Scientists at Scripps Research Institute use drug to stabilize blood vessels and block metastatic cancer cells from leaving the bloodstream
A team of scientists at The Scripps Research Institute has identified a potential treatment strategy against metastatic cancer cells that has never been tried before. Metastasis is a major problem with cancer because it allows tumor cells to spread to other parts of the body (See Supporting Material: Cancer and Metastasis). While solid tumors can be removed surgically or treated with chemotherapy or radiation, metastatic cells that have already entered the circulation are capable of opening a passageway through blood vessels in order to spread to various organs throughout the body.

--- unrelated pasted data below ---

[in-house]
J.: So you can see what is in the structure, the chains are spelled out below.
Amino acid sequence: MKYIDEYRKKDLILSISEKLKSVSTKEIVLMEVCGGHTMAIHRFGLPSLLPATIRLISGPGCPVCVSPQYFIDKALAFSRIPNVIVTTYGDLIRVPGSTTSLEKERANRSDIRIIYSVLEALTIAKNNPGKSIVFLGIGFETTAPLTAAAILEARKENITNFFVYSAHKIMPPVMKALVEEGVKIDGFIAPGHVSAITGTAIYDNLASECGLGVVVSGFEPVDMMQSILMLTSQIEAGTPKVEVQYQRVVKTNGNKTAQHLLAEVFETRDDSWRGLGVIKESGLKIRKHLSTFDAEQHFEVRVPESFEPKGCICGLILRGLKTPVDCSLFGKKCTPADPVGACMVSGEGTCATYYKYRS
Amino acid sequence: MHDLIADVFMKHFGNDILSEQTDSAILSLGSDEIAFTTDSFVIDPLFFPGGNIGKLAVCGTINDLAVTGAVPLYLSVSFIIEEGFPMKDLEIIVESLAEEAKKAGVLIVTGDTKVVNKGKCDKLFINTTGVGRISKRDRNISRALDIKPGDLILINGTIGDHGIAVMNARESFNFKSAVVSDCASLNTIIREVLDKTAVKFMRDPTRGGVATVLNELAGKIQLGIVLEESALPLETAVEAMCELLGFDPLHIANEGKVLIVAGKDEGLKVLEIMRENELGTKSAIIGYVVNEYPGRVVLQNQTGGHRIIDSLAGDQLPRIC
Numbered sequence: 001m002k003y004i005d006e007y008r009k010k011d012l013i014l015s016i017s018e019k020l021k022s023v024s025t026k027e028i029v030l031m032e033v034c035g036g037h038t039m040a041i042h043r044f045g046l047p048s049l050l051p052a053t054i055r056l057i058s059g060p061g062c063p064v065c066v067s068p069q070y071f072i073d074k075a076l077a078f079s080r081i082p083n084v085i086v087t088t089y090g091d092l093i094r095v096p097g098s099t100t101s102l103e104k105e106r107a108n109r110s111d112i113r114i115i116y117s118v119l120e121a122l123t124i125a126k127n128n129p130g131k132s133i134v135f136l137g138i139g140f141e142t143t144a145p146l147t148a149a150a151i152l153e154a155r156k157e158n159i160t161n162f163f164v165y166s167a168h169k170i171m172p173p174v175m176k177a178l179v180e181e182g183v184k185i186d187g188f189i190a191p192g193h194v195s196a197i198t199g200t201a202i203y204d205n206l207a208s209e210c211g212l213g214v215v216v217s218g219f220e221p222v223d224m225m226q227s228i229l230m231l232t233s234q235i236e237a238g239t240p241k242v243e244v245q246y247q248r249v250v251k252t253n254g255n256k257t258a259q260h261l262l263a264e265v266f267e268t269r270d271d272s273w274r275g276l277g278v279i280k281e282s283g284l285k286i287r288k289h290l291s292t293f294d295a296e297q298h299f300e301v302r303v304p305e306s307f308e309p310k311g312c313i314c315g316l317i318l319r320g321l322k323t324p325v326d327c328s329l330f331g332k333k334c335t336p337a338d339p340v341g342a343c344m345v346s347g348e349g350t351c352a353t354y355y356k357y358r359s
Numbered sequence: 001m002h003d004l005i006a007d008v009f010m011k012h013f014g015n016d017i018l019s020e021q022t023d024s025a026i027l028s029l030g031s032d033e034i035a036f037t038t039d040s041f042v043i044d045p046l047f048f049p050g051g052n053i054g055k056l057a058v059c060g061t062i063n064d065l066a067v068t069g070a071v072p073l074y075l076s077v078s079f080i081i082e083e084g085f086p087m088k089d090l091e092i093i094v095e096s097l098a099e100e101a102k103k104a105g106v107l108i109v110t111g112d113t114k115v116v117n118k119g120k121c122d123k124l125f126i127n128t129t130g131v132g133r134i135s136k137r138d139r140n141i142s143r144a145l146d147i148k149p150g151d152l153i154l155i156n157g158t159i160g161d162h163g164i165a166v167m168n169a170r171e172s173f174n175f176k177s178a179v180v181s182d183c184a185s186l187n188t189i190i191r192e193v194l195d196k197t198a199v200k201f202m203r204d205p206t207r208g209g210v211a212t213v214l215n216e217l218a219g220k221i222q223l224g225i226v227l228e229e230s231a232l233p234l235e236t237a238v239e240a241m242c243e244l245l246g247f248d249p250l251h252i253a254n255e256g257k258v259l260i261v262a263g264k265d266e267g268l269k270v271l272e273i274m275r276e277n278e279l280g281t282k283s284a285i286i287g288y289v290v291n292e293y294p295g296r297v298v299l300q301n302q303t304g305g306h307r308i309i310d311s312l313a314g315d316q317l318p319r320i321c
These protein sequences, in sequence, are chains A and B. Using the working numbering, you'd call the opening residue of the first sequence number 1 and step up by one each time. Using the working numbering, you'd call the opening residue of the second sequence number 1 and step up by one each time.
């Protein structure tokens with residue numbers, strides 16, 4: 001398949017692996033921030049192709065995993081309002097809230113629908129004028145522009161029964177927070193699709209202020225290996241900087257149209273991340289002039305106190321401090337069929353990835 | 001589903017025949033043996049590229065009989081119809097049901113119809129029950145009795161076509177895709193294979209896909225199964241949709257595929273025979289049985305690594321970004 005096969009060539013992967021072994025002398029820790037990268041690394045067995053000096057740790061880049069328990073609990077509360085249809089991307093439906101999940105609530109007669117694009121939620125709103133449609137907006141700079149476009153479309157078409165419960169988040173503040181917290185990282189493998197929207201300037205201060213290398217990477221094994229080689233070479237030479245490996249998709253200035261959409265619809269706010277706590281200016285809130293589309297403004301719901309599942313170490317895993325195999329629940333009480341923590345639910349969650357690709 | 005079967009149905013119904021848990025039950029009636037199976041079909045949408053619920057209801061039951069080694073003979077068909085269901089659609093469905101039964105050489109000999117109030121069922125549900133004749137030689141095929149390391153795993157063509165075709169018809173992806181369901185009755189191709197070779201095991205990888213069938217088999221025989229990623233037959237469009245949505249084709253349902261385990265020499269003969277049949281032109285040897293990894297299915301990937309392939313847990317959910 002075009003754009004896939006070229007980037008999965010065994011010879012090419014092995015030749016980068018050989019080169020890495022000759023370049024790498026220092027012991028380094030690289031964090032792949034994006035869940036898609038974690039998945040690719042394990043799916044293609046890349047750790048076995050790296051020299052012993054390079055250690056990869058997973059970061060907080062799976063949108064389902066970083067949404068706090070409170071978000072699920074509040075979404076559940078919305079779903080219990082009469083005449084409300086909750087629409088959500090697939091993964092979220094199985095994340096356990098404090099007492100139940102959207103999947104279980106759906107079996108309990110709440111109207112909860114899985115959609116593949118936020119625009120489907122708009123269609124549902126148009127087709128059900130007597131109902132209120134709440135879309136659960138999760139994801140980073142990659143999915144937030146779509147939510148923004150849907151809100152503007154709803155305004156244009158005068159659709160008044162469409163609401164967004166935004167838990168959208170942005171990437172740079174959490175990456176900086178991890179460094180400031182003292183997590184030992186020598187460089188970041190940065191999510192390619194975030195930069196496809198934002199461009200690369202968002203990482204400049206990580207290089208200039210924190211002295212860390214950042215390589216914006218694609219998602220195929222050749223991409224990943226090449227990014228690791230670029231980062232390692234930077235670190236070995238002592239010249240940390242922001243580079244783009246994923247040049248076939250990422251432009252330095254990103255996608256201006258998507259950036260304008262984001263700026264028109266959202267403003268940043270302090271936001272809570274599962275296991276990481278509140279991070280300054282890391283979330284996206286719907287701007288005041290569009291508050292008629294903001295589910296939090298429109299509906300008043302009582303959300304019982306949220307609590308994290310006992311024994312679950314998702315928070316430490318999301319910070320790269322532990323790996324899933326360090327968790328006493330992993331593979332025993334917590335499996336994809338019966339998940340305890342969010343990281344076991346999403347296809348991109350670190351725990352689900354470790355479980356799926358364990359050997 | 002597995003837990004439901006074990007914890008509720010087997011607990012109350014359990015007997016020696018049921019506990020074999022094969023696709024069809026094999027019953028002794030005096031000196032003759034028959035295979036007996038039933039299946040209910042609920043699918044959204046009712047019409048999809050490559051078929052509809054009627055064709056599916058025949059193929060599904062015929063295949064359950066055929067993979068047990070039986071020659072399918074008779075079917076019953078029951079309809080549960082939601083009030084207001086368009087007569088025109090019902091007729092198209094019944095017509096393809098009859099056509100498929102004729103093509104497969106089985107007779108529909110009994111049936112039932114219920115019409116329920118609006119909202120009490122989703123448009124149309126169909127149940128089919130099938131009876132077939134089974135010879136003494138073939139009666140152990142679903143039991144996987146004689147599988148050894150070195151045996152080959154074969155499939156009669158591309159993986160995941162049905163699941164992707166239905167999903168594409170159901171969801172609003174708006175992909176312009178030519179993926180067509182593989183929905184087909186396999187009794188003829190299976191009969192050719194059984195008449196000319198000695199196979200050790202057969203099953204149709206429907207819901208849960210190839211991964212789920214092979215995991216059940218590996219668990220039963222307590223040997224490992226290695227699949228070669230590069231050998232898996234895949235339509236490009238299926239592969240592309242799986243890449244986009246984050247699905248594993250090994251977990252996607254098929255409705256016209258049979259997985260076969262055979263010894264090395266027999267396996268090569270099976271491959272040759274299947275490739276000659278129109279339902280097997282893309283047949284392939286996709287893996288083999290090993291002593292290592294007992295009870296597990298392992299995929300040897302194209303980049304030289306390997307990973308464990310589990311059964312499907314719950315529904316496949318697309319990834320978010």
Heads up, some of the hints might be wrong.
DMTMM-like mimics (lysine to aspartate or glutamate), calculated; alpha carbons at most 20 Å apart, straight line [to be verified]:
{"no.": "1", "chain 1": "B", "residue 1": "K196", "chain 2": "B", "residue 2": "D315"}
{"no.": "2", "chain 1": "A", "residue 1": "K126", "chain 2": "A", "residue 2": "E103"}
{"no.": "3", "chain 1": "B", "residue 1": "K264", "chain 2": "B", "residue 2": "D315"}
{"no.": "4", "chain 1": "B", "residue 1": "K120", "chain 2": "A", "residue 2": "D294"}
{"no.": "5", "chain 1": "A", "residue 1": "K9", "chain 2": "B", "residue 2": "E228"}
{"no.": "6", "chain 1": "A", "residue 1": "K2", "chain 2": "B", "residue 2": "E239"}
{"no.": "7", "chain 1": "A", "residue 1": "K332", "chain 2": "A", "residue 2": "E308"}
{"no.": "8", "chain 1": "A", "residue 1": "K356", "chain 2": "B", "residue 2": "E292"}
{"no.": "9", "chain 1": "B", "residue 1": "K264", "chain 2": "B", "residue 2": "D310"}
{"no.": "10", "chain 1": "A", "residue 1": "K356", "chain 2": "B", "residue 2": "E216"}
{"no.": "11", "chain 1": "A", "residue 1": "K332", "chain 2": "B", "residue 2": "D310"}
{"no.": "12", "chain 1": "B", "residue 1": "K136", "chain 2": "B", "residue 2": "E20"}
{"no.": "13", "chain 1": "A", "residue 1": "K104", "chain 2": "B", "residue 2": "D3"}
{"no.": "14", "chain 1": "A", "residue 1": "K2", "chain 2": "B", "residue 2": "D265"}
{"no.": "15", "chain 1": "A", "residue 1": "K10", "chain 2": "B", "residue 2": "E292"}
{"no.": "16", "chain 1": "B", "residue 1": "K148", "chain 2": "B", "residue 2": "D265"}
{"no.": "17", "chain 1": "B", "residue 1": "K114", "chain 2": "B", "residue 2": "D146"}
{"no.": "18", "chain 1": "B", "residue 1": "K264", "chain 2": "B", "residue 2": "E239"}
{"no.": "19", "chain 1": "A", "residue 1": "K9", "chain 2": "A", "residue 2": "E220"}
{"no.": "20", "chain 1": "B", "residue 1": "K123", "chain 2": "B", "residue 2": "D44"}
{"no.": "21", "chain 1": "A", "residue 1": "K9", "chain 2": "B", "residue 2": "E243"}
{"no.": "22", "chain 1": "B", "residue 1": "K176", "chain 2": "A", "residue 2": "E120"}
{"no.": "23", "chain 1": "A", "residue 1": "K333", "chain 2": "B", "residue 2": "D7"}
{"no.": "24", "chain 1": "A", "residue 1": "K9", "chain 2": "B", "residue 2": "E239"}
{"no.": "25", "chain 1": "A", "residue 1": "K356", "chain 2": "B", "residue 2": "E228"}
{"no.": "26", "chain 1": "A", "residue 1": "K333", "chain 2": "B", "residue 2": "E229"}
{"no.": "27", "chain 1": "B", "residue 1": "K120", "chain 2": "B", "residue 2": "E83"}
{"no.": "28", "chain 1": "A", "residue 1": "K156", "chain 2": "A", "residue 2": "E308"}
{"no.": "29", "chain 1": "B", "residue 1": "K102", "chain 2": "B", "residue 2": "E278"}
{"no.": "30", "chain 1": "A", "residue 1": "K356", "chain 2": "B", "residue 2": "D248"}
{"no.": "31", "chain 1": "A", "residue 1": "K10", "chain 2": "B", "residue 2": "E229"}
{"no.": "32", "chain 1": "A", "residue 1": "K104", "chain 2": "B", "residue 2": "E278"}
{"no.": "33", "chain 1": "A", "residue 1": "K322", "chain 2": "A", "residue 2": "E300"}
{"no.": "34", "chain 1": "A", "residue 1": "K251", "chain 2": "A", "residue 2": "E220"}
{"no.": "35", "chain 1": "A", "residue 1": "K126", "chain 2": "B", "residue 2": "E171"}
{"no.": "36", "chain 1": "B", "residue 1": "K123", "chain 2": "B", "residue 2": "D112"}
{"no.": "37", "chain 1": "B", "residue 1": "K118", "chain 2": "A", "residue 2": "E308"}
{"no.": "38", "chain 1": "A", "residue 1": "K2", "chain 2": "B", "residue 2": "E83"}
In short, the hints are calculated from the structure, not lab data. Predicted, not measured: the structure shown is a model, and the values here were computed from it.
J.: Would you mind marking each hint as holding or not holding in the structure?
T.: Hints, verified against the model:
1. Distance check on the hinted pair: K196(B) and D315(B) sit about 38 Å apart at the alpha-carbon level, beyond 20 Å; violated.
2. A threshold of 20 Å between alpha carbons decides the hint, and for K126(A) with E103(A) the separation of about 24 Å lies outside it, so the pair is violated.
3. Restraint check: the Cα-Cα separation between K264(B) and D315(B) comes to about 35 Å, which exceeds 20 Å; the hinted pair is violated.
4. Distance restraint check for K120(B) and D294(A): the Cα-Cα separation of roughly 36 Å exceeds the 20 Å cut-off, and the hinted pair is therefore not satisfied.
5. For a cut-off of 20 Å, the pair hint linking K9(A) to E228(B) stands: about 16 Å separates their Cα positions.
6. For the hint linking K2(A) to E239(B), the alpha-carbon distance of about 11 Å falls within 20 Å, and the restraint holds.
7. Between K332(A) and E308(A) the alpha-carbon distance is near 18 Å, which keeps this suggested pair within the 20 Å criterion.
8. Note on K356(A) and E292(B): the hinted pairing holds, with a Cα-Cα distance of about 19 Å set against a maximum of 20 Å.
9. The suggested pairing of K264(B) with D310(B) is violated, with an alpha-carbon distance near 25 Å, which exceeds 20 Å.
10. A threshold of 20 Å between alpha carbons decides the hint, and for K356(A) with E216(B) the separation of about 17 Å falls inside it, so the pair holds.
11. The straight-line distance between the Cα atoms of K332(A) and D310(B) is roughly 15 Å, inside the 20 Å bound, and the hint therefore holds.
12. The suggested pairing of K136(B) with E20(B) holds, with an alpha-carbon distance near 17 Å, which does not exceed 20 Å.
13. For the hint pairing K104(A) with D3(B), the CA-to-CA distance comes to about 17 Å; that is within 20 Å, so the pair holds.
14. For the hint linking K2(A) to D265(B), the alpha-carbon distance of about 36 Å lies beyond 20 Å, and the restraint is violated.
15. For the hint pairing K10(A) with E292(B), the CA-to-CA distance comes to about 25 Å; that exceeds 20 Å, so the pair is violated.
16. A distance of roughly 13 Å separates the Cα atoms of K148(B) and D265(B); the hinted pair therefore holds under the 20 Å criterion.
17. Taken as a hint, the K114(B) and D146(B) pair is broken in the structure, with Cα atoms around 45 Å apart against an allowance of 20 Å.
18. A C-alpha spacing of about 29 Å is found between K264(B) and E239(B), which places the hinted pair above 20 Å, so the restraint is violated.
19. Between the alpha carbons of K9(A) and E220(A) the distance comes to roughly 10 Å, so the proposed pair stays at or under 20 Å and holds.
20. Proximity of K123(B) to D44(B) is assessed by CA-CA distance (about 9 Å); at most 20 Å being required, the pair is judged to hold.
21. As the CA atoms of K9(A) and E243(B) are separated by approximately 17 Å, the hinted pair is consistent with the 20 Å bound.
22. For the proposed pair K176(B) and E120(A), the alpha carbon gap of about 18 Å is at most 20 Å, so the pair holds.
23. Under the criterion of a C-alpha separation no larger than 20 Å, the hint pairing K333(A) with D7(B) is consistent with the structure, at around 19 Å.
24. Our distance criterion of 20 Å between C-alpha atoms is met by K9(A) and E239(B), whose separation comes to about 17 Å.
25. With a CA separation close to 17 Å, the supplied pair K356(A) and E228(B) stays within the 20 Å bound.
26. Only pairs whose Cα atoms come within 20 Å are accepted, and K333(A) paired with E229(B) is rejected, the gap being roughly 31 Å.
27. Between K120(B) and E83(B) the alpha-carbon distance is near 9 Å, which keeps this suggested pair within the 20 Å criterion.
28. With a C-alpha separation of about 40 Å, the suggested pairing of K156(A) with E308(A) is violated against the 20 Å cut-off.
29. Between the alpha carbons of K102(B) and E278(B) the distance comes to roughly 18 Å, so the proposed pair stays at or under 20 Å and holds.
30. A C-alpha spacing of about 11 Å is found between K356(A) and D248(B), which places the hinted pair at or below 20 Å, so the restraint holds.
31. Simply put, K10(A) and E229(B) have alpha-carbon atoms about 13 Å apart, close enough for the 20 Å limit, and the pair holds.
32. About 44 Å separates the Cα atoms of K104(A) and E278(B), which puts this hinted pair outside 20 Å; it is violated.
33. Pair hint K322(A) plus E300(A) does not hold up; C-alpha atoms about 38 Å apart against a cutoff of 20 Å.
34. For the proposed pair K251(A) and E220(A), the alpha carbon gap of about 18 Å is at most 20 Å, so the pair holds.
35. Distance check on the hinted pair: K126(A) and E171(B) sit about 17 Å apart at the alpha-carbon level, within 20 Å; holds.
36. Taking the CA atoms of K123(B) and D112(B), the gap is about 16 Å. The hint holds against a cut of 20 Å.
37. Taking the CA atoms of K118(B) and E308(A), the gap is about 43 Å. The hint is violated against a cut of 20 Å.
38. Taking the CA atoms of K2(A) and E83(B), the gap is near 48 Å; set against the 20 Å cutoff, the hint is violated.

Once tumor cells leave their primary tumor, they enter the blood stream and ultimately must find an exit strategy in order to set up new "satellite" lesions in one or more distant organs. The potential treatment strategy targets this final step of the metastatic cascade--the exit of the metastatic cells from the bloodstream. "We know that the normal blood vessel wall is one final barrier that metastatic tumor cells must overcome, which allows them to find their way out of the bloodstream and into a metastatic site," says Immunology Professor David A. Cheresh, who led the research with postdoctoral fellow Sara Weis at The Scripps Research Institute. To exit the blood stream, says Cheresh, the tumor cells stimulate the local blood vessels to briefly open their cell-cell junctions so that they can implant themselves into a new organ site.
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